In 1978 Hollywood released Halloween. It was destined to become a cult classic with more cinematic lives than Star Wars. This was a ghoulish film about imaginable terror in an unimaginable way. A psychotic murderer named Michael Myers gets loose and reaks mindless havoc. Later he stalks the character of Jamie Lee Curtis in a hospital. In yet another sequel it takes back-to-back films to be thwarted in a plot to kill his seven year old niece. Next, the niece is kidnapped and raped by evil druids, then the shape of Michael returns again to stalk his favorite victim’s son. The finale, ominously subtitled Resurrection, has a group of college kids streamed into cyberspace as they try to escape the killer’s haunted house.

What does all this have to do with the current spate of suicide bombings in Jordan and Iraq? (more…)

How do you profile a Muslim Terrorist? Some leave clues, a few even record video epitaphs. For the last two years a day has probably not gone by without a suicide bomber pulling a string and blowing himself and those around him to bits or driving a car to explode the lives of innocent bystanders. Is there a way to predict who such a bomber might be, or who builds the bombs and plans the operations? Logic fails, at least the logic that says something has to be very special to die for and even more special to make other people die for a cause just because you believe in it. (more…)

For almost two weeks the nights in parts of Paris and other cities in France have belonged to rioters, who seem intent on taking out parked cars (more than 6000 at last count) rather than fellow French citizens. Then tonite flames rose from three luxury hotels in Amman, Jordan with scores dead in the early reports. Although the blasts in Amman occurred in heavily touristed hotels, they are venues just as frequented by well-to-do Jordanians. In the Raddison a suicide bomber apparently set himself off in the midst of a Jordanian wedding. (more…)

On Sunday, Nov. 6 at 9 pm EST The History Channel will resurrect the era of the Crusades with a special program called “The Crusades: Crescent & The Cross.” I have not seen the program, so I cannot comment on its historical accuracy, fairhandedness or cinematic quality. Were it to air (I am tempted to say err) on Fox News, I would make every effort not to see it. But my academic bent idealistically treats “The History Channel” as National Geographic with substance.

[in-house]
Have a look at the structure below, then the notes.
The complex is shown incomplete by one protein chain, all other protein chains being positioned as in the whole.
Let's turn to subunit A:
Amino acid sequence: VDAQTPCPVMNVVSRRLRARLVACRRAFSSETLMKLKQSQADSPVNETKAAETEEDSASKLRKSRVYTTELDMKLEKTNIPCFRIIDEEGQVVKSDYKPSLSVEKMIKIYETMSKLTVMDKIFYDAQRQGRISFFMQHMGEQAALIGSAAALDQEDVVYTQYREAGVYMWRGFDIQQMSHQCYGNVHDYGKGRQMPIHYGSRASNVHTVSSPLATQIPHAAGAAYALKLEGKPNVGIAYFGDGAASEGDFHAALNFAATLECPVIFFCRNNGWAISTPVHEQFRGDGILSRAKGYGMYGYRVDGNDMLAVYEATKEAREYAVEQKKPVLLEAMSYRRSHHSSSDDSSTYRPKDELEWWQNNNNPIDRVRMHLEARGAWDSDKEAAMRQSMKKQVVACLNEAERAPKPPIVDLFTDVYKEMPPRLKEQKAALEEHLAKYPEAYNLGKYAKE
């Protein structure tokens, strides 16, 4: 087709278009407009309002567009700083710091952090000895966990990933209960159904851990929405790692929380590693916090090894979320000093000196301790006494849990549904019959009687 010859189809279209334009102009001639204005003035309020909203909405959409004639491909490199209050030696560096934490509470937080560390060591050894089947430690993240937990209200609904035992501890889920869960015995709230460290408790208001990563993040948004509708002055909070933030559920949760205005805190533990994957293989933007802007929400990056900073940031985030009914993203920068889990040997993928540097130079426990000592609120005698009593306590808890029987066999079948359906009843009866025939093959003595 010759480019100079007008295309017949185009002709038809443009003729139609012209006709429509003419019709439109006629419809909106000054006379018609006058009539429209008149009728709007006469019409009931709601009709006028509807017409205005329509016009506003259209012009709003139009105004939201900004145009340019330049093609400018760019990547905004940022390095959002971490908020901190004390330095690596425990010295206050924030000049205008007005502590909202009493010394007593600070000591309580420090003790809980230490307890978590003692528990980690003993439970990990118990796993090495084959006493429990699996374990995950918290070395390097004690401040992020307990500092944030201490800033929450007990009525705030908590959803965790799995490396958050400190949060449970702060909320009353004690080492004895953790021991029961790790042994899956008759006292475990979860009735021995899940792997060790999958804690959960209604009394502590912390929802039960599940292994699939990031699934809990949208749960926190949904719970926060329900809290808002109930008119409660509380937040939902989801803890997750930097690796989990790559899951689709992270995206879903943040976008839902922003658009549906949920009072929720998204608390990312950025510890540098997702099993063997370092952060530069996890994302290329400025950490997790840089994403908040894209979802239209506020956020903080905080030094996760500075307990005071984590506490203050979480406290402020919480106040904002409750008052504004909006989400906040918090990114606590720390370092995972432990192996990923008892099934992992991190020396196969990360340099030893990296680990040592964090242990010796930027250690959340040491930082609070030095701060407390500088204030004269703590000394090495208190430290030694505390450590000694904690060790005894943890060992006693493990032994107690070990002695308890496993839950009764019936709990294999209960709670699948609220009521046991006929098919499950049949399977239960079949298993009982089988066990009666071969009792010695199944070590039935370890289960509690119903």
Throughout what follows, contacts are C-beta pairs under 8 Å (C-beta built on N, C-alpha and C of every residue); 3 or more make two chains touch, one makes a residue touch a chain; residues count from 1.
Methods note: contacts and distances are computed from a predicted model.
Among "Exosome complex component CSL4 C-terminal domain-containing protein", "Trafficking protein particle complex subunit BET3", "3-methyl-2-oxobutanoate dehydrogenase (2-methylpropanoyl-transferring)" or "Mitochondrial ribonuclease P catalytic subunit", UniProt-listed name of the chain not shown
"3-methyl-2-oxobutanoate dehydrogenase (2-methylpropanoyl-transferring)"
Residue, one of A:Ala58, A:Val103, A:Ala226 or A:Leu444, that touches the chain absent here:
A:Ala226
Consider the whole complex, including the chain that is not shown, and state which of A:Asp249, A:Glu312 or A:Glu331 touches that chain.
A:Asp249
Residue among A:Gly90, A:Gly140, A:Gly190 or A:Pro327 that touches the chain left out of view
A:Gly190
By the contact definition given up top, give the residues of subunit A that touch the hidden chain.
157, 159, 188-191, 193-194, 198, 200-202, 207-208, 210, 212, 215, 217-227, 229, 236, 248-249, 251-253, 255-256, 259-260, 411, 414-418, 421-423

I have, unfortunately, seen the advertisement for this program gracing the back of my recently arrived November Smithsonian magazine. I repeat “unfortunately” because either the ad maker has no clue what the program is trying to say (this is my hope) or else this special might as well be on Fox.

Let’s start with the hook. “CAN A PRESIDENT FINISH WHAT A KING, A SULTAN AND A POPE BEGAN?” Just about everything in this question (I do so hope it is meant to be rhetorical) is backwards. Surely, this program is not going to argue that Bush’s well-oiled but poorly thought out war in Iraq is a new crusade. Yes, our president uttered the inappropriate c-word (I am thinking of the non-sexual one here) soon after 9/11, but I do not think the Pentagon got its game-plan from Rev. Franklin Graham. I can only wonder what “King” will be targeted as the royal jump-starter for the Crusades? Unless this is a subliminal plug for Larry King Live on another channel. Nor do I remember any sultan in the Middle East or yet-to-be occupied Constantinople making a preemptive strike on Christendom. Why save the Pope for last, since Pope Urban’s fiery speech in 1095 C.E. is what historians used to cite as kindling the flame? (more…)